Florida failing neglected and abused children, report says
A nationwide study of state policies governing legal proceedings for abused and neglected children resulted in an "F" for Florida and nine other states.
The report titled A Child's Right to Counsel: A National Report Card on Legal Representation for Abused and Neglected Children was released today by First Star, a national organization working to improve the lives of abused and neglected children, and the Children's Advocacy Institute at the University of San Diego Law School. It graded each state and the District of Columbia on dependency court procedures and the type of legal representation children received.
Florida received low marks in several categories because state law does not require an attorney to be appointed to represent children in dependency proceedings. The state's guardian ad litem program allows non-attorneys to service in this capacity. Florida scored a 55 out of 100 possible points.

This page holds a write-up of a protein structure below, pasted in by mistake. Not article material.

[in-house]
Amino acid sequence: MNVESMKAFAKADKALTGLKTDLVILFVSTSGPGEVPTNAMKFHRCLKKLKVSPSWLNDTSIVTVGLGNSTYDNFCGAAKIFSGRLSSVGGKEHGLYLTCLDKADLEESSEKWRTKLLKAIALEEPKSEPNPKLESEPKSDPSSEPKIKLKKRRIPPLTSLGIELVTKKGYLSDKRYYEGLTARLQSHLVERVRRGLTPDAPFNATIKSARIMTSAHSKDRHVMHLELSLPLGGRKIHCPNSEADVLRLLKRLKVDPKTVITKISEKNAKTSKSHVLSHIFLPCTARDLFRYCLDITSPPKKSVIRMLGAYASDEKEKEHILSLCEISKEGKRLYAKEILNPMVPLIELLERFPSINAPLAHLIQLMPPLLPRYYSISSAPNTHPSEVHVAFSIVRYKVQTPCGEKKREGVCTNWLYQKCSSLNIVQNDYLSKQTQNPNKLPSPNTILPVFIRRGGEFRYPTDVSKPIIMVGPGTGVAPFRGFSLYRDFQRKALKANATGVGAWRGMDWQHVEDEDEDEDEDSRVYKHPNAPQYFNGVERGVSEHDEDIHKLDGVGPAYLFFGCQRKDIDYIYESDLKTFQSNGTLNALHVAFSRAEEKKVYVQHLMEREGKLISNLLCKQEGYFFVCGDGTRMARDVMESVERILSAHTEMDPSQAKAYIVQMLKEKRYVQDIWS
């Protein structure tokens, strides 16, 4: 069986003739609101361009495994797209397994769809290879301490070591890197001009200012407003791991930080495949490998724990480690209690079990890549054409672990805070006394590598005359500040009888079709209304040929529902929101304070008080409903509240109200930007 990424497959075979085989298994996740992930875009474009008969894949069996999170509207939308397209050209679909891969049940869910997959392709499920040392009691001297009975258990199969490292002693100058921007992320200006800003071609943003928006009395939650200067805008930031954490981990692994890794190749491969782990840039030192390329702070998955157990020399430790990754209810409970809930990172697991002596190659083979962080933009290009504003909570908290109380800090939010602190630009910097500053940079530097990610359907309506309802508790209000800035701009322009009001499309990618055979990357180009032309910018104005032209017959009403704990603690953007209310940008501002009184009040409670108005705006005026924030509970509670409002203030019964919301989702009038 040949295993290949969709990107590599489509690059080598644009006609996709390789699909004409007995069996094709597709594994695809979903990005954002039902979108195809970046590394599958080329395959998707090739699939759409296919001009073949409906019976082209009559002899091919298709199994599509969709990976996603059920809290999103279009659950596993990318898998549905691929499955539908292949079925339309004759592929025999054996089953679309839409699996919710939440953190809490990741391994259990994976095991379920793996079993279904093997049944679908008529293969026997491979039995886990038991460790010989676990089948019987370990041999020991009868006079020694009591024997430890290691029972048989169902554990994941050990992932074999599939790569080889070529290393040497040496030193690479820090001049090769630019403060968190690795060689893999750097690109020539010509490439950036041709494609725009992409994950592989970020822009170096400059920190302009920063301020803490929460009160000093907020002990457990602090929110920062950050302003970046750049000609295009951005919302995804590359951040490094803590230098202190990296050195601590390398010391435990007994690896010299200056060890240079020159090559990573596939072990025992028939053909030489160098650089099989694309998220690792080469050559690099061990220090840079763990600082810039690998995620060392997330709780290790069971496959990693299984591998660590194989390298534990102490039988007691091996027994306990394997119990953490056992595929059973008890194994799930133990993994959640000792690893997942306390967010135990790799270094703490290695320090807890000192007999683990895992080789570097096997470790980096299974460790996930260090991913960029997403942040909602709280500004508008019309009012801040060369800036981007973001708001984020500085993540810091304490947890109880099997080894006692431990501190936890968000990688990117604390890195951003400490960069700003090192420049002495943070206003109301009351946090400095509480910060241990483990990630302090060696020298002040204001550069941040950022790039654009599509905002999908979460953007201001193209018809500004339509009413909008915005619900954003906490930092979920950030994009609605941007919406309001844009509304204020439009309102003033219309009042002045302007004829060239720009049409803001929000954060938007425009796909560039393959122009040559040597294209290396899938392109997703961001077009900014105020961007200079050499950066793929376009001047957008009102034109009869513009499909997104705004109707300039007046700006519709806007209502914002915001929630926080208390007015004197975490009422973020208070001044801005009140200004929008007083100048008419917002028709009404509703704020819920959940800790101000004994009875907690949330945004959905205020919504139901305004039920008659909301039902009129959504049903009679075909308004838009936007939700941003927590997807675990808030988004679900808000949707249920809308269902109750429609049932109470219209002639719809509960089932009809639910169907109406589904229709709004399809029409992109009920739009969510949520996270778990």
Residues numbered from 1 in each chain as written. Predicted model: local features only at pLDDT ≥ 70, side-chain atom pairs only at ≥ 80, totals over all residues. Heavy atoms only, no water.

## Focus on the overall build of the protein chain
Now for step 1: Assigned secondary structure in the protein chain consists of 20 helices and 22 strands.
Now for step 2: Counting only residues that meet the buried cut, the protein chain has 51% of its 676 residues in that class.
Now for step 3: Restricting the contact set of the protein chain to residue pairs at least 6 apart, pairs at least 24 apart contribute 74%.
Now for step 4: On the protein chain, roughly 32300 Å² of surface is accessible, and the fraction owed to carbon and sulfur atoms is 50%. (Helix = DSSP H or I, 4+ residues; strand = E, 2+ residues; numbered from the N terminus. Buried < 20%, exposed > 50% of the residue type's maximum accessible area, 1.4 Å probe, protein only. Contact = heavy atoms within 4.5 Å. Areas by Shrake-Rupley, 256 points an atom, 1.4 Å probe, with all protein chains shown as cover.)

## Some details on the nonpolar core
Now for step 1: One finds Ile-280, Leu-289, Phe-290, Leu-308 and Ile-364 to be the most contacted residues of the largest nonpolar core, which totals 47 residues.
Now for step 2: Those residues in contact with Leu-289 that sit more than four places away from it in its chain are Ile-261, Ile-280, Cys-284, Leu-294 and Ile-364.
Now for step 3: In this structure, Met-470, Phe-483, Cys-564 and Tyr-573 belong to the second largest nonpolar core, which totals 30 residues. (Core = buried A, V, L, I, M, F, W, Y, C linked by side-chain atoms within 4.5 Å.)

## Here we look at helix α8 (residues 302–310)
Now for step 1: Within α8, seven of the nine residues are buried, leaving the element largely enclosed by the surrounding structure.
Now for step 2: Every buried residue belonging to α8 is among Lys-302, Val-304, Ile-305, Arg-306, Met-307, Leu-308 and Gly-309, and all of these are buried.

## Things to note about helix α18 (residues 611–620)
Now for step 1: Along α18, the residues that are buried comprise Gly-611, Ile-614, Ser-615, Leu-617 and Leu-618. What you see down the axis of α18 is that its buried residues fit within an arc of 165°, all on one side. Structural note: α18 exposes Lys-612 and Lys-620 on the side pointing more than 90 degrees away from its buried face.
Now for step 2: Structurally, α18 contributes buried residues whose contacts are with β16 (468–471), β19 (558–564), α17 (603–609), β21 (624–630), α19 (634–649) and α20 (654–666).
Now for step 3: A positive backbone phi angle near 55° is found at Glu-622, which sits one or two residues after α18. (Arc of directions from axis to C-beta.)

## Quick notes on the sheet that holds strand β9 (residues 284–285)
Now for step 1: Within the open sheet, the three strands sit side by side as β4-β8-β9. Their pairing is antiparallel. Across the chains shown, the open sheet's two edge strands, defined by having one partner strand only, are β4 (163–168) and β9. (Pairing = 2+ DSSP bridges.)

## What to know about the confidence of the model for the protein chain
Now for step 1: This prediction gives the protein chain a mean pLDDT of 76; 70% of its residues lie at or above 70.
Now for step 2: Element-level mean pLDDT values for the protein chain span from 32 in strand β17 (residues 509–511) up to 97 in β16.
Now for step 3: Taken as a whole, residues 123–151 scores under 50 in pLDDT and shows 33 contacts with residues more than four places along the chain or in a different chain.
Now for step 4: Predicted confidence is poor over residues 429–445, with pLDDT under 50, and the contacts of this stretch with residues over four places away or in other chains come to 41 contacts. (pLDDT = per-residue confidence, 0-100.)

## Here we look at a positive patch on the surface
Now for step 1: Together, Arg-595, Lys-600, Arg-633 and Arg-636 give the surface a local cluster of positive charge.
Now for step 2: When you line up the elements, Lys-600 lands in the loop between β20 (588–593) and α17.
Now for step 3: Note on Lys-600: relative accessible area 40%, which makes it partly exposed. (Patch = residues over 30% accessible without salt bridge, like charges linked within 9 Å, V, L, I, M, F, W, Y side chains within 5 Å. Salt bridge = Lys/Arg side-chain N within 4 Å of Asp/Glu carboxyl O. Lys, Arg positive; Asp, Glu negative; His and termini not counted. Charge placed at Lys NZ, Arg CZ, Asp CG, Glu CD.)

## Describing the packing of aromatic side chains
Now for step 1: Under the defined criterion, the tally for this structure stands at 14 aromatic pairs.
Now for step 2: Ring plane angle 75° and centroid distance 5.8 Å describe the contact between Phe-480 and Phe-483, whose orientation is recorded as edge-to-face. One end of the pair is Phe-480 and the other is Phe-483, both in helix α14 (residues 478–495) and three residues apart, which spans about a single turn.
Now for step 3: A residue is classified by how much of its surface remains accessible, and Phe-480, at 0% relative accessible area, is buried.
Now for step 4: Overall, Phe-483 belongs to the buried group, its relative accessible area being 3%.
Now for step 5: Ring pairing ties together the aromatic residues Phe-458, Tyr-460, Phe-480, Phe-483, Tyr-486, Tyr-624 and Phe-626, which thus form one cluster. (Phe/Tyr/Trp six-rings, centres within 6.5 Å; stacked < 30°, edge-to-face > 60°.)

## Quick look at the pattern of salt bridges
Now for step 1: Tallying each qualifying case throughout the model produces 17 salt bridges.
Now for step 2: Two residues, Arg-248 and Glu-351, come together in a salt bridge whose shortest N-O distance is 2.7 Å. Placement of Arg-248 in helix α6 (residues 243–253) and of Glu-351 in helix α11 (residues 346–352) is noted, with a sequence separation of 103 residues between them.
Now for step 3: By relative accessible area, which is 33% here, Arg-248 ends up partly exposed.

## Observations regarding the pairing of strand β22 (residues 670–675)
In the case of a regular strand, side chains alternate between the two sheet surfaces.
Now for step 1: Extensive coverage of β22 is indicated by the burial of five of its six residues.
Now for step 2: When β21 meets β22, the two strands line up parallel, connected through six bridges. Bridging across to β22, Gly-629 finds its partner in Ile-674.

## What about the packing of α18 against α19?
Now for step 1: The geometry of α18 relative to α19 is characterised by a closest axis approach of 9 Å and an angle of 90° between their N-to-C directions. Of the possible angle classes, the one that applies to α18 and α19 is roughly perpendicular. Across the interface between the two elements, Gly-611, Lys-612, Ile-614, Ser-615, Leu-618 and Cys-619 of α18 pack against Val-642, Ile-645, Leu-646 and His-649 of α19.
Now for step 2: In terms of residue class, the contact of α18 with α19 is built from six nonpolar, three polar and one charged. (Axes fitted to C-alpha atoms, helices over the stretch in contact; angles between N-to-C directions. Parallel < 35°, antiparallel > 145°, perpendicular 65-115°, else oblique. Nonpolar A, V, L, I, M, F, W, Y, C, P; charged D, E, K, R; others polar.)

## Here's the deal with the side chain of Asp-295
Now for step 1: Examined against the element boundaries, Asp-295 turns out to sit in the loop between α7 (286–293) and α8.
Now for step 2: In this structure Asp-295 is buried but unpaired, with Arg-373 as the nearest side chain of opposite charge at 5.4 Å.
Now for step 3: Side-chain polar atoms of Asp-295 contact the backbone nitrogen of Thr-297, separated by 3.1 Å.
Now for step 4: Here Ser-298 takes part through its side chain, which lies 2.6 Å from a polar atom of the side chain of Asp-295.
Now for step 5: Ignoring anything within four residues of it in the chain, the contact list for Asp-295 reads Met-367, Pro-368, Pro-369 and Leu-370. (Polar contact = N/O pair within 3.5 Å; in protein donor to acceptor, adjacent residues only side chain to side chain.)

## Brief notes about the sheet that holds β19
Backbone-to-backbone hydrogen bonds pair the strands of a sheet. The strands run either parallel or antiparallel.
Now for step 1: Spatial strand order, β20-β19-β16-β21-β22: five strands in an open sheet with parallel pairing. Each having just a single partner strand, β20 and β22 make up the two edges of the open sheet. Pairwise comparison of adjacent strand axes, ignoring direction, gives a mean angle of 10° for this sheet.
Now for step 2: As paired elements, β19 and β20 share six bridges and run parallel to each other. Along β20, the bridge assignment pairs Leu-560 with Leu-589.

- 3 states earned A+’s: Connecticut, Massachusetts and Oklahoma;
- 12 states earned A’s: Iowa, Kansas, Louisiana, Maryland, Mississippi, Missouri, New Mexico, New York, Ohio, Texas, Vermont, and West Virginia;
- 11 states earned B’s: Arkansas, California, District of Columbia, Michigan, New Jersey, North Carolina, Pennsylvania, Rhode Island, Tennessee, Virginia, and Wyoming
- 9 states earned C’s: Alabama, Arizona, Colorado, Minnesota, Nebraska, Oregon, South Dakota, Utah, and Wisconsin
- 6 states earned D’s: Alaska, Georgia, Illinois, Kentucky, Nevada, and South Carolina
- 10 states earned F’s: Delaware, Florida, Hawaii, Idaho, Indiana, Maine, Montana, New Hampshire, North Dakota, and Washington
The two organizations are hopeful that the report leads to stronger federal and state laws, according to a news release.
“In the U.S., the right to counsel is guaranteed to everyone accused of breaking the law – including parents and other caregivers accused of child abuse and neglect,” said Elissa T. Garr, Executive Director of First Star. “Yet the abused and neglected children in these cases, who are the least able to advocate for themselves, are not guaranteed counsel. It is tragic that in many states across the country, when judicial decisions are being made that will impact every facet of these children’s lives, the right to counsel is not guaranteed to the victims of that abuse and neglect.”